The Strong Password Generator, an option in the 1P button in your web browser, is simplicity itself. Pick the number of desired characters and the complexity and it creates one for you, saves it under the name you choose along with your login name for the desired web site. Afterwards, when you go to the site's login window, just click the button and choose Fill and Submit Login and it does the work for you. When the browser asks you if you want to save the info for you, click Never for This Site and it won't ask again.

After you have finished creating new passwords for all your logins, go into the browser preferences (Safari: Autofill) then click Usernames and Passwords' Edit button. Click Remove All and you are done. If you then uncheck the box next to Usernames and Passwords it will stop asking, even when you visit new sites for the first time.

This button is added to your Safari window. A similar one is added to Firefox.

This menu appears with appropriate items for the web page you want to log into.

First thing you see when you start 1Password.

One of the options when open: This is where your login information for all your websites is stored. You can update this at will, or when on the site (for instance, when you change your password.)

This window generates a new password that is random and virtually uncrackable. You have several options that can be imposed on it, depending on site requirements.

Mac magazines

(March 21)

Now reading the April issues of Mac Life and Macworld. I highly recommend that new users, who may not think these are for them, start reading both. There is more useful information in each issue than I can teach in multiple sessions, and it's clearly written for everyone; not just hardcore Mac geeks like me.

If you want to start somewhere, get the Macworld and read "100 Things Every Mac User Should Know." This is the best collection of hints, tips and how-tos I have seen in some time. Every one is useful, and I guarantee that all of you will find at least ten in the list that will make your Mac experience better.

MacLife explores the world of Google Apps and how useful they can be, and not just because they can save you the $149 you'd spend on Microsoft Office. Also reviewed: battery pack cases for iPhones. I have been using the Mophie pack since I first got my 3GS and I never have to worry about running out of power. There are brands here I was not aware of.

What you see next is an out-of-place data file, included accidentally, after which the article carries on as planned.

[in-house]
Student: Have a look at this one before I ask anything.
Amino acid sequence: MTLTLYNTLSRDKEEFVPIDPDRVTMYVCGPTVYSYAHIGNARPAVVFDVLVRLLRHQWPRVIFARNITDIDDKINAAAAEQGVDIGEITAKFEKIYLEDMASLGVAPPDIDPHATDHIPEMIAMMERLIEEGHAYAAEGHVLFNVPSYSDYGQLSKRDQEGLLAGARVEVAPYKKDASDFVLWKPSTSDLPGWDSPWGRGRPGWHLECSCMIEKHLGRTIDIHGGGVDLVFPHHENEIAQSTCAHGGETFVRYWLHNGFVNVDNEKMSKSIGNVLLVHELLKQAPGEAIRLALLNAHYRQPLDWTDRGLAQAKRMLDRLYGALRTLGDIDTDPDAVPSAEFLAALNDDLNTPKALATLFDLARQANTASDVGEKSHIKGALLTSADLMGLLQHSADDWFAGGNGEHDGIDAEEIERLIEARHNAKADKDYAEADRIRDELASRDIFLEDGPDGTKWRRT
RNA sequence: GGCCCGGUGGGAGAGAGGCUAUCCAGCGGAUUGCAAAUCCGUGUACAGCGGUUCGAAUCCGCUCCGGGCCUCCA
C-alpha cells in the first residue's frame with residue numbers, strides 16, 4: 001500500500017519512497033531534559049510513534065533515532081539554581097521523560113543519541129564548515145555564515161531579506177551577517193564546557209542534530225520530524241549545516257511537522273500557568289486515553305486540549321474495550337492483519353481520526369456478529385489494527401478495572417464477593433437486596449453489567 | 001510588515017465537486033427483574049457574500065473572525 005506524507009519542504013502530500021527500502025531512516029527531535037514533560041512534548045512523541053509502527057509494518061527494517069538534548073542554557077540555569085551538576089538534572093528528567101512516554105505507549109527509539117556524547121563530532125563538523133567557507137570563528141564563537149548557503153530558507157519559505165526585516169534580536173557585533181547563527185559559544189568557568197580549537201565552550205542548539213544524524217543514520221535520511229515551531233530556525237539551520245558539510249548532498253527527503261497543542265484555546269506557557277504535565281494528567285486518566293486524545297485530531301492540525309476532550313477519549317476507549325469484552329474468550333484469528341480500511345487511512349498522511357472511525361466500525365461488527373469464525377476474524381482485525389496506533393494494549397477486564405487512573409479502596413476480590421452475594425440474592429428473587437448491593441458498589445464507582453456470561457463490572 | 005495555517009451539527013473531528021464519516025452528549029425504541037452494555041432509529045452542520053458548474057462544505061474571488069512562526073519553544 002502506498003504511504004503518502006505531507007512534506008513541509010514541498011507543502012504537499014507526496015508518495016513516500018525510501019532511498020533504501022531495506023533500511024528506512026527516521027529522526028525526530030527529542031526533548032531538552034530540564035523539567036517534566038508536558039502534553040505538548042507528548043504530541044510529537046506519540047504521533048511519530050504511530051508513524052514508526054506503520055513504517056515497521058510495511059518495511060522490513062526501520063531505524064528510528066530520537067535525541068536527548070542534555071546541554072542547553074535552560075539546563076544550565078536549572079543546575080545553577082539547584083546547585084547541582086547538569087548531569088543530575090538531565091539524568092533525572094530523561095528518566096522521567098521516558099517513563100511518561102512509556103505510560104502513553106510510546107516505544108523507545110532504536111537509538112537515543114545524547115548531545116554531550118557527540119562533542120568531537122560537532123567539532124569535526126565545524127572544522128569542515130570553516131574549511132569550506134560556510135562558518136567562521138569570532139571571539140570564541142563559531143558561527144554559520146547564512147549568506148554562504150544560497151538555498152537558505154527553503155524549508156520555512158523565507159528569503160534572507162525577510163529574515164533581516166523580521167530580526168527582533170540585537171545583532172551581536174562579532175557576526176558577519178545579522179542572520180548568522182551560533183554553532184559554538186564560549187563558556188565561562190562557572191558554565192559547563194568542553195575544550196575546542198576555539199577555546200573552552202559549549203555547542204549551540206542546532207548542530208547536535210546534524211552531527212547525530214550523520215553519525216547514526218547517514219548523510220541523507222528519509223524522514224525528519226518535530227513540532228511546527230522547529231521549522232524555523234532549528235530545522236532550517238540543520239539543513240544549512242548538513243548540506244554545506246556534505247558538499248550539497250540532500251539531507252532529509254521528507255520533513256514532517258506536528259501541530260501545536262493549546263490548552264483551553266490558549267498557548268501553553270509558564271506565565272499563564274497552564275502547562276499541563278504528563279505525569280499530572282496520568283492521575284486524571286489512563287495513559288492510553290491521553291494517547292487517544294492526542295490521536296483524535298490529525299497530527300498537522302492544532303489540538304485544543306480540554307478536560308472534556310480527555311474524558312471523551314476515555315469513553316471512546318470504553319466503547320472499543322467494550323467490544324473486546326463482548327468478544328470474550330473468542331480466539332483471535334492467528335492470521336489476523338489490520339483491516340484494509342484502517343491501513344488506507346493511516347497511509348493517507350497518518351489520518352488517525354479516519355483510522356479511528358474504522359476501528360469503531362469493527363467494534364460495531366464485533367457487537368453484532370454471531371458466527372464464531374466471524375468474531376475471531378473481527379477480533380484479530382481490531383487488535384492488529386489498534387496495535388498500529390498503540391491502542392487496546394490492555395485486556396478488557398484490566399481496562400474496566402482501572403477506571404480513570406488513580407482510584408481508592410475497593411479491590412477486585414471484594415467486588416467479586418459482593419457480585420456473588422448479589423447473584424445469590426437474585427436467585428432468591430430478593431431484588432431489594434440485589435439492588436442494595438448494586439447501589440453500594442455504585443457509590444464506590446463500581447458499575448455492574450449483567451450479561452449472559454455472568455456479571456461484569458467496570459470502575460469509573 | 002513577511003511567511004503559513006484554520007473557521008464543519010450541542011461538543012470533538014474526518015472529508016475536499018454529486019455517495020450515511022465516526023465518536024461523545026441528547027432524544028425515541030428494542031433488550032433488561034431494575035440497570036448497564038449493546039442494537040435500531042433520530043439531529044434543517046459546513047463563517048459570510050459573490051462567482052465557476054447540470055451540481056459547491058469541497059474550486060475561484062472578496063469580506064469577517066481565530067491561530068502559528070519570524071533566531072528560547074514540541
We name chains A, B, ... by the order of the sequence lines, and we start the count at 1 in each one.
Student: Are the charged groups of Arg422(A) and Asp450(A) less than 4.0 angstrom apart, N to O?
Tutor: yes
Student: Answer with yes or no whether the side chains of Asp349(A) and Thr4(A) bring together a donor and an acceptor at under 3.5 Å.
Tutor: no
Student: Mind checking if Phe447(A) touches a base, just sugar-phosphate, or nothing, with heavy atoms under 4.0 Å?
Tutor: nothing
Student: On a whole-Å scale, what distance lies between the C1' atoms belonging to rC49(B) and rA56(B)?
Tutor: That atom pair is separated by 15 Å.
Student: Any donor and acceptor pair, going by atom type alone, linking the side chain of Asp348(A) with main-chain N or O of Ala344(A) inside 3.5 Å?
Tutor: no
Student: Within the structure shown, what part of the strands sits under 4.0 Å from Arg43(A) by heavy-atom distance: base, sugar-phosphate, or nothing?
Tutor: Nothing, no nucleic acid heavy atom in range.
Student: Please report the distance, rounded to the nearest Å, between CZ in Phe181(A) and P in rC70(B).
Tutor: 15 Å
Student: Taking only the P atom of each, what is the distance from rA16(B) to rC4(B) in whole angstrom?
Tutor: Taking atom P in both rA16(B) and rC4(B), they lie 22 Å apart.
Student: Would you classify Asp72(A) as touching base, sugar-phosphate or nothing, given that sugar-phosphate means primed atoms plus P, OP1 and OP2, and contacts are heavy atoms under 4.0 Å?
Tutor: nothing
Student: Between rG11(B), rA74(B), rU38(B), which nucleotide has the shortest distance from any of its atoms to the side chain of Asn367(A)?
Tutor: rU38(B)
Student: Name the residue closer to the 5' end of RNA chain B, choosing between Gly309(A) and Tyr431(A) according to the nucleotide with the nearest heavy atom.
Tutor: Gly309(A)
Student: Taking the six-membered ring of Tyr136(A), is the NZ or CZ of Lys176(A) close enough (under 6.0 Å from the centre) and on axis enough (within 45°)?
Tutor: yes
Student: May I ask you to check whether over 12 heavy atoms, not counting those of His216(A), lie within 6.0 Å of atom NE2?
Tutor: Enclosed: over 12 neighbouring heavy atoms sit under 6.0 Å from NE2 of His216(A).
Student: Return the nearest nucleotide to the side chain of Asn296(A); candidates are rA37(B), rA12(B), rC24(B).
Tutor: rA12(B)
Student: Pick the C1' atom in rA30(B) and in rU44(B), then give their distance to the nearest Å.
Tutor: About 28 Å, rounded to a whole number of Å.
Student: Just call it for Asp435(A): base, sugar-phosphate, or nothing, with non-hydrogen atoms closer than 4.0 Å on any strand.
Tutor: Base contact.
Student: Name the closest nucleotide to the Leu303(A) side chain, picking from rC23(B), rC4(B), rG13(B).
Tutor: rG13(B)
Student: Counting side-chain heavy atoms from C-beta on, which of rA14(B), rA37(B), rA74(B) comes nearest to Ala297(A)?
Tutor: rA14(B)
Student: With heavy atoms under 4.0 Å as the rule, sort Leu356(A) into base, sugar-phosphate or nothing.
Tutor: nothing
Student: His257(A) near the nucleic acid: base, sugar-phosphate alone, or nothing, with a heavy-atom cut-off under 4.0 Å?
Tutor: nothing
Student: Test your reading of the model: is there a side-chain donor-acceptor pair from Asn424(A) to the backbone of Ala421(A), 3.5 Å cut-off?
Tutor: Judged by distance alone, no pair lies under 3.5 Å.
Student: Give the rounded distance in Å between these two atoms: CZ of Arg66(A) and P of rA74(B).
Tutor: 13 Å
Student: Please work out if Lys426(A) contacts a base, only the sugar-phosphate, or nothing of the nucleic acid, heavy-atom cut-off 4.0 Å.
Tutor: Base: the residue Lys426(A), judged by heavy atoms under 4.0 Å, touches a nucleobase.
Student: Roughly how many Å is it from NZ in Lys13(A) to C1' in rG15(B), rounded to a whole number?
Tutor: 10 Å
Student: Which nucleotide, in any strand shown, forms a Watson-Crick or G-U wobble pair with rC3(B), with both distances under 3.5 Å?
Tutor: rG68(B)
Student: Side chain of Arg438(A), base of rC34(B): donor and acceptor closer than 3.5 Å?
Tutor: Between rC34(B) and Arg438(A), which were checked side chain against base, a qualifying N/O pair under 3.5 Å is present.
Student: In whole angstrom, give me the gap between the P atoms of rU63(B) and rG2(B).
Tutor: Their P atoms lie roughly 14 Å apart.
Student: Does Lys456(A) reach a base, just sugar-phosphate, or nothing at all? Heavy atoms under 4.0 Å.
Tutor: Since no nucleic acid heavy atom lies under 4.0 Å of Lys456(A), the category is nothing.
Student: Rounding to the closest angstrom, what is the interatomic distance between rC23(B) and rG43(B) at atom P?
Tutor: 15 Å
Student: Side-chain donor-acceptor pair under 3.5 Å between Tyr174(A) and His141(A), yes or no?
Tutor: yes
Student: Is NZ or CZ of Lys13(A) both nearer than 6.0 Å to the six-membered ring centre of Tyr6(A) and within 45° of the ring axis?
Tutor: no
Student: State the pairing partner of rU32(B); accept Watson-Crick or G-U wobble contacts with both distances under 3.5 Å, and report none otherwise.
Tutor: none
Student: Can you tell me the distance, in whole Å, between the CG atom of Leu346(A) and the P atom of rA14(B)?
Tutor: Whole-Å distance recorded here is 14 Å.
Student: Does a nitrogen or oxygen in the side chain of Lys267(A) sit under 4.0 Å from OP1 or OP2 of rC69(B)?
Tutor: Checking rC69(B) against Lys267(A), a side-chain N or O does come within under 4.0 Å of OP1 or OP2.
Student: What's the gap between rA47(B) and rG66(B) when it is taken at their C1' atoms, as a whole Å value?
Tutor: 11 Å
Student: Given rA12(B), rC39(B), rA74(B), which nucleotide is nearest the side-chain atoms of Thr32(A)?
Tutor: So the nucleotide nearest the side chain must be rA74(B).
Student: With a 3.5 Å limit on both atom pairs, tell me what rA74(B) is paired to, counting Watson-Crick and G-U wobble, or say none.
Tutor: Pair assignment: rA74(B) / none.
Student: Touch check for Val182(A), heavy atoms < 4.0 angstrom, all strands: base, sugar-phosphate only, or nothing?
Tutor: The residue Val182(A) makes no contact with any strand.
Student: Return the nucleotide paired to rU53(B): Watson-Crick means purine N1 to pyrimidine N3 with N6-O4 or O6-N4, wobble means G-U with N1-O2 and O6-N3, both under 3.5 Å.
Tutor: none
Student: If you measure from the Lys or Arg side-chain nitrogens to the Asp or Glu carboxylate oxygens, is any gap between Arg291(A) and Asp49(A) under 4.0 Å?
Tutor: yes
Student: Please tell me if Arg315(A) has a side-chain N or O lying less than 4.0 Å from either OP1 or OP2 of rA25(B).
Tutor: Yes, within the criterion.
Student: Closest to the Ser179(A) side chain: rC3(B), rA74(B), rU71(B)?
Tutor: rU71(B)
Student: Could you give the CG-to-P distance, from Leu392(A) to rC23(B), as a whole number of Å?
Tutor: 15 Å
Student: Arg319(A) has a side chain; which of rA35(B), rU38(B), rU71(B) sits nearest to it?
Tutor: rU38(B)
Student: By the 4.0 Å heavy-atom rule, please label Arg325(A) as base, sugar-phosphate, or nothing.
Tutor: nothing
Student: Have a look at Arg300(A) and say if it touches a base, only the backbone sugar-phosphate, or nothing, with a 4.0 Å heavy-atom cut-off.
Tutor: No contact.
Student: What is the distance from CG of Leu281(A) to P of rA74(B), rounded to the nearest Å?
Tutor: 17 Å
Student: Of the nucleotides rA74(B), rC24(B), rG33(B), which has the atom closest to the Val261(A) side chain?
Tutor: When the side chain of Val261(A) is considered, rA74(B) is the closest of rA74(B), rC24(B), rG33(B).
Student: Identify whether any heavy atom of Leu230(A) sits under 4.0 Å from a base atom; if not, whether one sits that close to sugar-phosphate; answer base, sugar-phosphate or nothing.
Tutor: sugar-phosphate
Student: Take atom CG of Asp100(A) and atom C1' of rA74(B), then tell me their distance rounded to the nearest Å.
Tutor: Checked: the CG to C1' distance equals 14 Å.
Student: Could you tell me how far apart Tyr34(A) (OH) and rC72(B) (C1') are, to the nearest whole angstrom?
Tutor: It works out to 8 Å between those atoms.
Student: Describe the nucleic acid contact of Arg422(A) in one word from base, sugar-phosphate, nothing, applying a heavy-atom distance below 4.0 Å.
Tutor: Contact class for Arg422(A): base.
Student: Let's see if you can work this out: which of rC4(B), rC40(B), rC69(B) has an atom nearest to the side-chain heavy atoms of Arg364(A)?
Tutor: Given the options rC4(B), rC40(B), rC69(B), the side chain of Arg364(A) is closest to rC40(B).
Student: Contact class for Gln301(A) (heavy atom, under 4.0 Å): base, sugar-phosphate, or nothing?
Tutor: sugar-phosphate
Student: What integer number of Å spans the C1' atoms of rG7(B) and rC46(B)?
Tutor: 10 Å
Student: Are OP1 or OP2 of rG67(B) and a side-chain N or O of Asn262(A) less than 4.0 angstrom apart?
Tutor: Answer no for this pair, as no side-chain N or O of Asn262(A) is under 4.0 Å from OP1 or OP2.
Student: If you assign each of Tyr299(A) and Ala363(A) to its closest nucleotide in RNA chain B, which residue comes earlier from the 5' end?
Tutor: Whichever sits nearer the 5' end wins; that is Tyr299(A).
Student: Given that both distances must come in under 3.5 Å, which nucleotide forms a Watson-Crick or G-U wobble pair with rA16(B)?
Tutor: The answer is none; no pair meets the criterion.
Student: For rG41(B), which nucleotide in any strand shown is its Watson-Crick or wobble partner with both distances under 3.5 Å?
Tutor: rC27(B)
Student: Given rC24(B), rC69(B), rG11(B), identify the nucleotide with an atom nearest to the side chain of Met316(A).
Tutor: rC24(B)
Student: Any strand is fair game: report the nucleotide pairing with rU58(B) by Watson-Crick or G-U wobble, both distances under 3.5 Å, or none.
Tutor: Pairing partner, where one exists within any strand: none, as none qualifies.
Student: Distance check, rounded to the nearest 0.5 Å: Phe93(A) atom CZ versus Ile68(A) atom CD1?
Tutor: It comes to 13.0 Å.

Included is an article on how to make a Mac-based home theater. I have done this myself and the article is spot on. Sure, the AppleTV is cheaper, but a MacMini and your HDTV are a match made for each other.

Photographer? Macworld discusses how the MacBook Air is the perfect tool for that photographer on the go.

Some of these articles can be read on the magazines' respective web sites, but there is nothing like a nicely-formatted dead-tree version you can keep handy for easy referral. Start getting the Mac magazines; you will thank me later.

New MacBook Pros released

(24 Feb)

Happy Birthday, Steve Jobs: in celebration Apple has revised all 3 models of MacBook Pro. Read all about them at Apple's site.

The 13" was advanced the most: It now has the Intel Core i5 instead of the earlier Core2Duo, like the rest of the line. Still $1199, you get that processor, 4Gb RAM, 320Gb internal HD and the Intel HD Graphics 3000 card.

Spend $300 more and move up to the 2.7 GHz i7 processor and a 500Gb drive. Then it gets interesting:

Go to the store's Configuration page and you can start boosting it up. Add $200 for 8Gb RAM. Add $100 more for a 750Gb hard drive. Take a deep breath and realize, that's 3/4 Terabyte in a laptop! Or, if you really want speed, use a Solid State Drive like the Air does and replace the stock HD with 128Gb SSD for $200, 256Gb for $600, or go nuts with a half-terabyte SSD drive for $1,200 more. That'll take it to $1799 with the HD or $2899 with the SSD.

You can do all this with the 15" and 17" models as well, for proportionately more.

This means, of course, that unsold stock of previous models will drop a tad. The 13" model would be perfect for most people if you add in a non-Apple large display for under $200. Mine is a 24" Asus.

If you like very light and not as quick for under $2 grand, I did it with the current MacBook Air.

Time to polish up the ol' credit card. If you like paying even higher interest, you can finance through the Apple Store, but if you pay if off in 12 months, there is no interest charge. They do it through the Barclay Bank Visa.

While it's so new there is no real support for it yet, the Thunderbolt port, which serves as the Mini DisplayPort, can also connect to high speed RAID drive systems and transfer data faster than any other format.

This looks like why Apple has been ignoring USB 3.0 and has not been talking about FireWire 1600, the logical next step beyond 800.

In order to use it with an external display, one would have to be designed to plug both devices into a single port, and that does not yet exist.

While a fully maxed-out 15" model with 512Gb SSD and 8Gb RAM would push the price near $4 grand, it would substitute for any model iMac and any MacPro, as long as you didn't need the Pro's expansion slots.

Read more about Thunderbolt here.

Nice as it is, I feel no motivation to trade in my newly-acquired MacBook Air. If I wanted to, I could make HDTV movies on it using one of the USB-based video cameras. But if I were a pro filmmaker the new laptops might be on my shopping list.